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Atlantic Philanthropies Names Human-Rights Advocate as CEO

Resource type: News

Wall Street Journal |

The Atlantic Philanthropies named Gara LaMarche, a veteran human-rights advocate, its new chief executive officer. He faces one of the more unusual challenges in philanthropy: The foundation plans to spend its entire $4 billion endowment within 10 years and go out of business. Mr. LaMarche, 52 years old, is director of U.S. programs for investor George Soros’s Open Society Institute, where he built and oversaw a grant program that gave away $55 million to $125 million a year. He succeeds departing CEO John R. Healy, 60, who has led Atlantic Philanthropies since 2001. The $4 billion foundation, launched in 1982 by Charles F. “Chuck” Feeney, announced in 2002 that it plans to spend all its money and cease grant-making in 2016. Mr. Feeney, 75, was a co-founder of Duty Free Shoppers Group Ltd., which operates duty-free stores. Atlantic’s plan represents the biggest spend-down in actual dollars by a private foundation in modern times. Such a decision, known as “sunsetting,” has been rare among major foundations but has been gaining popularity as a new generation of philanthropists takes a more hands-on approach. Increasingly, some donors worry that, after their deaths, professional managers may lose touch with their goals and become more concerned with perpetuating the foundation. Last week the Bill & Melinda Gates Foundation announced it would spend its entire endowment within 50 years of the death of the last of its three trustees. Like the Gates Foundation, the Atlantic Philanthropies, one of the 20 largest foundations active in the U.S., conducts rigorous due diligence and continuing evaluations of the nonprofits in which it invests. Also like Gates, it favors fewer, bigger grants as a way to achieve the most impact. Atlantic is different from many U.S. foundations in its focus on human rights, and on controversial causes such as restoring voting rights for convicted criminals and pushing to end the death penalty. Though its CEO is based in New York, it is formally licensed in Bermuda, which allows it to play more of an advocacy role — such as funding organizations that last year staged demonstrations promoting changes in immigration law. Under federal tax law, U.S. foundations are restricted from most forms of legislative lobbying. In an interview, Mr. LaMarche said he hoped increasing interest in the Atlantic’s limited-lifetime strategy would help attract more funding to the causes it supports and lure partners to join in its grant-making. In 2005, Atlantic spent some $289 million on about 200 grants. The goal for the next 10 years is to spend about $350 million annually on new grants. However, precise targeting isn’t easy to achieve. This year the foundation had expected its endowment to shrink modestly. But its investment team had a better year than planned, and grant makers identified additional opportunities they wanted to support, so 2006 grant commitments are likely to exceed $450 million. Write to Sally Beatty at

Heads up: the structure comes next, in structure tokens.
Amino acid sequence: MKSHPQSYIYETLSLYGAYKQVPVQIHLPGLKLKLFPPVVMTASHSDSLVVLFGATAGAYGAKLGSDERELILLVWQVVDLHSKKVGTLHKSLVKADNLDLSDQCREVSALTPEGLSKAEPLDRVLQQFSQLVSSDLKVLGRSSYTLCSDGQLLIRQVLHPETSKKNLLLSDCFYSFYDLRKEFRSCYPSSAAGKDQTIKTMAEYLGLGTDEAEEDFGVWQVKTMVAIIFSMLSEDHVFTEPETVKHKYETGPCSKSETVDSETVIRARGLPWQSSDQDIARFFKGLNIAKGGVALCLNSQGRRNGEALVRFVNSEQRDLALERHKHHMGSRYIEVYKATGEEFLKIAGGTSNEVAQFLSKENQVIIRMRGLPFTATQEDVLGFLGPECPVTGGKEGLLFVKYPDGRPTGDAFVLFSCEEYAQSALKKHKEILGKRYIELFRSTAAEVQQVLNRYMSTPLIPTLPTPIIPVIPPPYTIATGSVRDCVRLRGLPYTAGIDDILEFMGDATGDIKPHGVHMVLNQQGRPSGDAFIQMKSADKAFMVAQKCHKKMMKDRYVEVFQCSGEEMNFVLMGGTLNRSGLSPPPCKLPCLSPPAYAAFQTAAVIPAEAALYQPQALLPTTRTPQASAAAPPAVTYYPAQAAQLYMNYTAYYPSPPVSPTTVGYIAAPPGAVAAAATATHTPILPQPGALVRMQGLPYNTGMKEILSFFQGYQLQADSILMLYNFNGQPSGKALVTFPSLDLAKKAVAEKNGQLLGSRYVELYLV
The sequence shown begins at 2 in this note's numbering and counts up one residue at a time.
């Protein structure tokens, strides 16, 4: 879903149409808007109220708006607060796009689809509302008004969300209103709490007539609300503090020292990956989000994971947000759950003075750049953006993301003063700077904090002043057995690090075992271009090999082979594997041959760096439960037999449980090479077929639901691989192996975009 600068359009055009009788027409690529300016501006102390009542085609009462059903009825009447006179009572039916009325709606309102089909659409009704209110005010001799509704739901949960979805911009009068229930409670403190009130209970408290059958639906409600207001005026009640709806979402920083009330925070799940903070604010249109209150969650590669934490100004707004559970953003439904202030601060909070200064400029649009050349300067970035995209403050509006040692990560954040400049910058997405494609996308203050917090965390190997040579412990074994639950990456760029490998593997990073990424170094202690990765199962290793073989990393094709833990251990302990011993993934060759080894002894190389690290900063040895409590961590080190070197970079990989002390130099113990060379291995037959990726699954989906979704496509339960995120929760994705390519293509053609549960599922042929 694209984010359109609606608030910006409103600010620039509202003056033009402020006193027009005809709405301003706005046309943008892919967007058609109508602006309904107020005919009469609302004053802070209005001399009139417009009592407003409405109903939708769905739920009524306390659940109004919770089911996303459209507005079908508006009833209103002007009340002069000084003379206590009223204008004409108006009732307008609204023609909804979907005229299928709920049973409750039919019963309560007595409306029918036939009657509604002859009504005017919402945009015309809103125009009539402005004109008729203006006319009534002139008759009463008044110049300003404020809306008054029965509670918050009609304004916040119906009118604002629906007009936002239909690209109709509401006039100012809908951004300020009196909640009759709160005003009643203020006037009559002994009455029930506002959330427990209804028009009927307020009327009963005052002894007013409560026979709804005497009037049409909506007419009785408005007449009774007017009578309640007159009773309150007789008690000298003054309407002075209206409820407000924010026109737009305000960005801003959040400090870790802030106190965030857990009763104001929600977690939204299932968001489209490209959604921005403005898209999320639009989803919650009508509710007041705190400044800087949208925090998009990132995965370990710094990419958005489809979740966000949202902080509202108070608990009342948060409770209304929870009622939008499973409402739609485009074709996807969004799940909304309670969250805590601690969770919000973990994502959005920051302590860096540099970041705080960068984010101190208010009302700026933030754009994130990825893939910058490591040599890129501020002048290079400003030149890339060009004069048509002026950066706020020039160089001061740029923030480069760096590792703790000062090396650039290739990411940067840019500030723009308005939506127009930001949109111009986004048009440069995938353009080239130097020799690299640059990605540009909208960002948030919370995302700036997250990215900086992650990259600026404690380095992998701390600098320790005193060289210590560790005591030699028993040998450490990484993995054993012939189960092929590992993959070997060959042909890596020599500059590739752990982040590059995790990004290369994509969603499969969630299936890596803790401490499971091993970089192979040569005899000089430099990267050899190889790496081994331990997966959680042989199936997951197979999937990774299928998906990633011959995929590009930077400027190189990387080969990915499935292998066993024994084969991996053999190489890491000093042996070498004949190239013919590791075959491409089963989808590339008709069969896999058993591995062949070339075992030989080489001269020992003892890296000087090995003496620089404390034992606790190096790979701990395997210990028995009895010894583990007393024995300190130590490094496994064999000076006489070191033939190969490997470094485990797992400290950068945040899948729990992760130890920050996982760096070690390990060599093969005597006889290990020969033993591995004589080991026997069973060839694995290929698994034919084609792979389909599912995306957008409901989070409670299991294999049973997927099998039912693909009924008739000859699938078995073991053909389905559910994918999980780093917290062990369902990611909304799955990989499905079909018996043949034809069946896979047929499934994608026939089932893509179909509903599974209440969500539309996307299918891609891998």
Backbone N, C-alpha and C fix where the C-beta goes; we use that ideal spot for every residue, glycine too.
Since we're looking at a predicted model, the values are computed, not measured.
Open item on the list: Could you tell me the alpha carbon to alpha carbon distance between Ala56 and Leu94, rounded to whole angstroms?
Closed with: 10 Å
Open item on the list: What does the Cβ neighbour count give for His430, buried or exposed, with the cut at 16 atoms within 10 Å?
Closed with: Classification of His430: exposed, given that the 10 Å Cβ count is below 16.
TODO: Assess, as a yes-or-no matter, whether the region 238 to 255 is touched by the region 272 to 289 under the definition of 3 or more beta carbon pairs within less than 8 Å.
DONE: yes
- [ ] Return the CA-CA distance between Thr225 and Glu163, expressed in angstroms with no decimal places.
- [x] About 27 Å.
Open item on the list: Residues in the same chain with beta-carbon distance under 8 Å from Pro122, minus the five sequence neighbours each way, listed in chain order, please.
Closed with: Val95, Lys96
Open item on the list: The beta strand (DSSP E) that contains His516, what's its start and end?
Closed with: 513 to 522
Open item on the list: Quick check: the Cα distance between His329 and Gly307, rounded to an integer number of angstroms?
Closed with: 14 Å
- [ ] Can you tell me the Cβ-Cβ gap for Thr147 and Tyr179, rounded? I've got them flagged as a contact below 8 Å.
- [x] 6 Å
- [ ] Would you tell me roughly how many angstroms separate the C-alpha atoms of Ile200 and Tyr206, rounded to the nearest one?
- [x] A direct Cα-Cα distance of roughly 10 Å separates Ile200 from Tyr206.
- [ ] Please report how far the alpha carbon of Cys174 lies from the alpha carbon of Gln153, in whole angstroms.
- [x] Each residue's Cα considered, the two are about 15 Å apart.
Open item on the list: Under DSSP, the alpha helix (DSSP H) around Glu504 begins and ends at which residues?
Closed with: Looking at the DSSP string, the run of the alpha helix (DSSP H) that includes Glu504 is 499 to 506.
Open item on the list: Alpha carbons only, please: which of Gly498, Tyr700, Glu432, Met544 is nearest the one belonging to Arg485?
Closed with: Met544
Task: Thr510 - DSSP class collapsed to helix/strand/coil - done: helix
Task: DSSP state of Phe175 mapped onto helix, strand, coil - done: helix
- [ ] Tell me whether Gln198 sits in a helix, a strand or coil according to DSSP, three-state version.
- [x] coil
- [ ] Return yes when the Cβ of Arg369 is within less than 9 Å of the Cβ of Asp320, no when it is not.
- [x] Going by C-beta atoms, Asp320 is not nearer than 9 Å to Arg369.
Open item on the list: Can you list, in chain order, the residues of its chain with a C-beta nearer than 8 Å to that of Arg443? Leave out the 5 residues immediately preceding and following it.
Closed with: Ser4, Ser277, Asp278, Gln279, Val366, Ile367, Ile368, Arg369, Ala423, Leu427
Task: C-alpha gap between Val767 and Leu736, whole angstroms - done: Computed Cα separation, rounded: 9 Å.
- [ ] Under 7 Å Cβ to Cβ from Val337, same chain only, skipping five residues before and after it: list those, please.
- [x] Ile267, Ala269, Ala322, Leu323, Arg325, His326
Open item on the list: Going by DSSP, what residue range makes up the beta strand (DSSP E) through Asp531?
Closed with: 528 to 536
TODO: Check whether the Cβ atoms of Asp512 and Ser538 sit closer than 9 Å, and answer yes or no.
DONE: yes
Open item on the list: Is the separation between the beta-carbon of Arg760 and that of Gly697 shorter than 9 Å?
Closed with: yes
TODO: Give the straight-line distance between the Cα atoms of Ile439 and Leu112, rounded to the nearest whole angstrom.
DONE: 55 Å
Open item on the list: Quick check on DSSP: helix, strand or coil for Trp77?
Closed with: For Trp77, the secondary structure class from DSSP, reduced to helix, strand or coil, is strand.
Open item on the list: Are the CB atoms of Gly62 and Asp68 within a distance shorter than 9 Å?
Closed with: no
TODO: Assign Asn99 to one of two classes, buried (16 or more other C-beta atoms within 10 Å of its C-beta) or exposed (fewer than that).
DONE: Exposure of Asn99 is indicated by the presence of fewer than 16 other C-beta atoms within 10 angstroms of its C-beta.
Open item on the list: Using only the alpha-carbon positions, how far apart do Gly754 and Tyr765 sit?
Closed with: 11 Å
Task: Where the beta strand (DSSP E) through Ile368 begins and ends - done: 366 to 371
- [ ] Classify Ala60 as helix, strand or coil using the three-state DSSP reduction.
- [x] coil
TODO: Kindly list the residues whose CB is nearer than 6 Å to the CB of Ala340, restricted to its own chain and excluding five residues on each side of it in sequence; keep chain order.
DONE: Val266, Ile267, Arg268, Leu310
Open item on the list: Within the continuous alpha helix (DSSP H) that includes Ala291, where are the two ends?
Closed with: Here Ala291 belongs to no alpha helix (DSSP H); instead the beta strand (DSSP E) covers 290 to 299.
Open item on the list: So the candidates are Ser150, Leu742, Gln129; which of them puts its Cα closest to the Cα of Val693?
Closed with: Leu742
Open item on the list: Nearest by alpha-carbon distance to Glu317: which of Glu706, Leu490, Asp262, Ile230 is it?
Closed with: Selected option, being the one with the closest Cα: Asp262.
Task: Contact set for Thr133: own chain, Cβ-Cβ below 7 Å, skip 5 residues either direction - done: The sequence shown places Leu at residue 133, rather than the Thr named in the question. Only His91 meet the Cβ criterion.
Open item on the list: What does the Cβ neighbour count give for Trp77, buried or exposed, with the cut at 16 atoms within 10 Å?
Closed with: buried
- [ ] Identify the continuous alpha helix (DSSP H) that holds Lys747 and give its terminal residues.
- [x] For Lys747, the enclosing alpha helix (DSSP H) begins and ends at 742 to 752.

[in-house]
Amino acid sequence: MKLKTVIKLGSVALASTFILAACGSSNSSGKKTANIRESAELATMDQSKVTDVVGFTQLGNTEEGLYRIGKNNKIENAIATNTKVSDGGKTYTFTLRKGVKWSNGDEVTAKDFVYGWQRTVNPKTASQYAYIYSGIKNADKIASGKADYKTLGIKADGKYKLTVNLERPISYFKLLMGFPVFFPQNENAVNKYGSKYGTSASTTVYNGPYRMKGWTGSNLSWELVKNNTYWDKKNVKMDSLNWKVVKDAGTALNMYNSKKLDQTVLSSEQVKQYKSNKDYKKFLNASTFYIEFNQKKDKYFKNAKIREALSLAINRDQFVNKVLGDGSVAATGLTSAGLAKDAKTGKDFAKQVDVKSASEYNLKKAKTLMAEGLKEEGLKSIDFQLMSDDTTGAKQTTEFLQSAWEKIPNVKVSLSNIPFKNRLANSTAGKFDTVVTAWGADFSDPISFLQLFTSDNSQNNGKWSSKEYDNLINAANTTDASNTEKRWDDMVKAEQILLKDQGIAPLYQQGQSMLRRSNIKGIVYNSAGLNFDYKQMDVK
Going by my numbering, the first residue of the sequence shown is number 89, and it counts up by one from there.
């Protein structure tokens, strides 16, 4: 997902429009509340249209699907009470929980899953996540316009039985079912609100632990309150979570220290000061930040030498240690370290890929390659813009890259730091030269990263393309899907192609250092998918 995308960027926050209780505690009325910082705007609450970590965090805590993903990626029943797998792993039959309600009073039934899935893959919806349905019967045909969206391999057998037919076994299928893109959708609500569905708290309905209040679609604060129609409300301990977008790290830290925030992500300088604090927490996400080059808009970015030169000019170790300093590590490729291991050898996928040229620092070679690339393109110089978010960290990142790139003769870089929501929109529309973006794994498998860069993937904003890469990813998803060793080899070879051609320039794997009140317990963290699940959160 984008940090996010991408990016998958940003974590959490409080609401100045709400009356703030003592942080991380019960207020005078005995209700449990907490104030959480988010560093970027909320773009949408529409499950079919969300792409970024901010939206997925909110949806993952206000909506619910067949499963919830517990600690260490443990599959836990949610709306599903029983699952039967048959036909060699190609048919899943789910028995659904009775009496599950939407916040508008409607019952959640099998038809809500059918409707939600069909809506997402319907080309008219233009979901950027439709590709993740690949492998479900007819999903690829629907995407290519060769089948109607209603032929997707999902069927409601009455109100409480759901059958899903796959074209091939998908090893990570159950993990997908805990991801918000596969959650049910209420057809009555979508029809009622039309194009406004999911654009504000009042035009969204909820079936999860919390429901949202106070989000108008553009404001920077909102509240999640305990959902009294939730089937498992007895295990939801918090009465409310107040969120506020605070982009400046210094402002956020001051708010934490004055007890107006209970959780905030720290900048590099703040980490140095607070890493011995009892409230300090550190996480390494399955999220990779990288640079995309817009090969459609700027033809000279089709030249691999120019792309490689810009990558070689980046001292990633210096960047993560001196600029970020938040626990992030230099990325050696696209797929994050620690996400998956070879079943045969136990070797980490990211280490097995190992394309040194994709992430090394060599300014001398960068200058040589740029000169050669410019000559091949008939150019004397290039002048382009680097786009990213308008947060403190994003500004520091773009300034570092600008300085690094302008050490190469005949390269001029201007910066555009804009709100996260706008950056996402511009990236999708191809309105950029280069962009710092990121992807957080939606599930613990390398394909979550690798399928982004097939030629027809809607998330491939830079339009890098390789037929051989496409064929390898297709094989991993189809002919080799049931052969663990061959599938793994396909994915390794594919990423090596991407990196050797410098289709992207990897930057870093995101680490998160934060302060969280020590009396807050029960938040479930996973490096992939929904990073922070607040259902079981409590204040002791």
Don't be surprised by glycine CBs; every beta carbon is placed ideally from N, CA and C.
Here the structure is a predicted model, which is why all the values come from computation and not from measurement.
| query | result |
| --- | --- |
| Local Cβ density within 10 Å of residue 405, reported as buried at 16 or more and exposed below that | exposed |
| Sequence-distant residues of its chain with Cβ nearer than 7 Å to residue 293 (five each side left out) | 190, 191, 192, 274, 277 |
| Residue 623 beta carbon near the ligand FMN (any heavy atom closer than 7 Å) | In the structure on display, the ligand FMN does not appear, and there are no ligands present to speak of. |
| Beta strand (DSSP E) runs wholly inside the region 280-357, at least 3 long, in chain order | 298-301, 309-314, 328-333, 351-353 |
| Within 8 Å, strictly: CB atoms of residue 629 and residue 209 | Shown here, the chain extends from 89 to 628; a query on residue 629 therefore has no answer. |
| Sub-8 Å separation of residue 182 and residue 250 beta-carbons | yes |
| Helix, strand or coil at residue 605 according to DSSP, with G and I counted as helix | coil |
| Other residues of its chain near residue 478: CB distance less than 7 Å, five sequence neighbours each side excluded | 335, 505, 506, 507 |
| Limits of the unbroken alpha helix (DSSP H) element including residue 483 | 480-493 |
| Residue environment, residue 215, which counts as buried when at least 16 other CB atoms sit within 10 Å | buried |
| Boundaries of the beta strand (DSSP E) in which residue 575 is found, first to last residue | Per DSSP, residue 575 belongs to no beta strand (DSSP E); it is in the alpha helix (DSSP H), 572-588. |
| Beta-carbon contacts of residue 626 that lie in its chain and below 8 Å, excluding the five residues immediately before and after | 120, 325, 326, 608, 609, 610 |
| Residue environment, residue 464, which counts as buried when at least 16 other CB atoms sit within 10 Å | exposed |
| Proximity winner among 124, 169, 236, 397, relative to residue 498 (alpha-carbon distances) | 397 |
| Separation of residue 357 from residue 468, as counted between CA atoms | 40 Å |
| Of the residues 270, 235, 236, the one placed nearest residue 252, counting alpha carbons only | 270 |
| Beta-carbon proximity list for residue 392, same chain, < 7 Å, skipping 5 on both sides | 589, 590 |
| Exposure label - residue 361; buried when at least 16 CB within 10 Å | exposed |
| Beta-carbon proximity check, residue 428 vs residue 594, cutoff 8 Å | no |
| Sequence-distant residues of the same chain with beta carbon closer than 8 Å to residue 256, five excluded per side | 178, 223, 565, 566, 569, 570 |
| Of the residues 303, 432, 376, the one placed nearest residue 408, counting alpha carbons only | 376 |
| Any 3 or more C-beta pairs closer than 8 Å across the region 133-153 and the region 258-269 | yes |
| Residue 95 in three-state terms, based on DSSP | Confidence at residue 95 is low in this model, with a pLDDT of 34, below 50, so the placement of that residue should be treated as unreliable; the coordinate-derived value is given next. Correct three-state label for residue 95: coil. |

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Gara LaMarche, Open Society Institute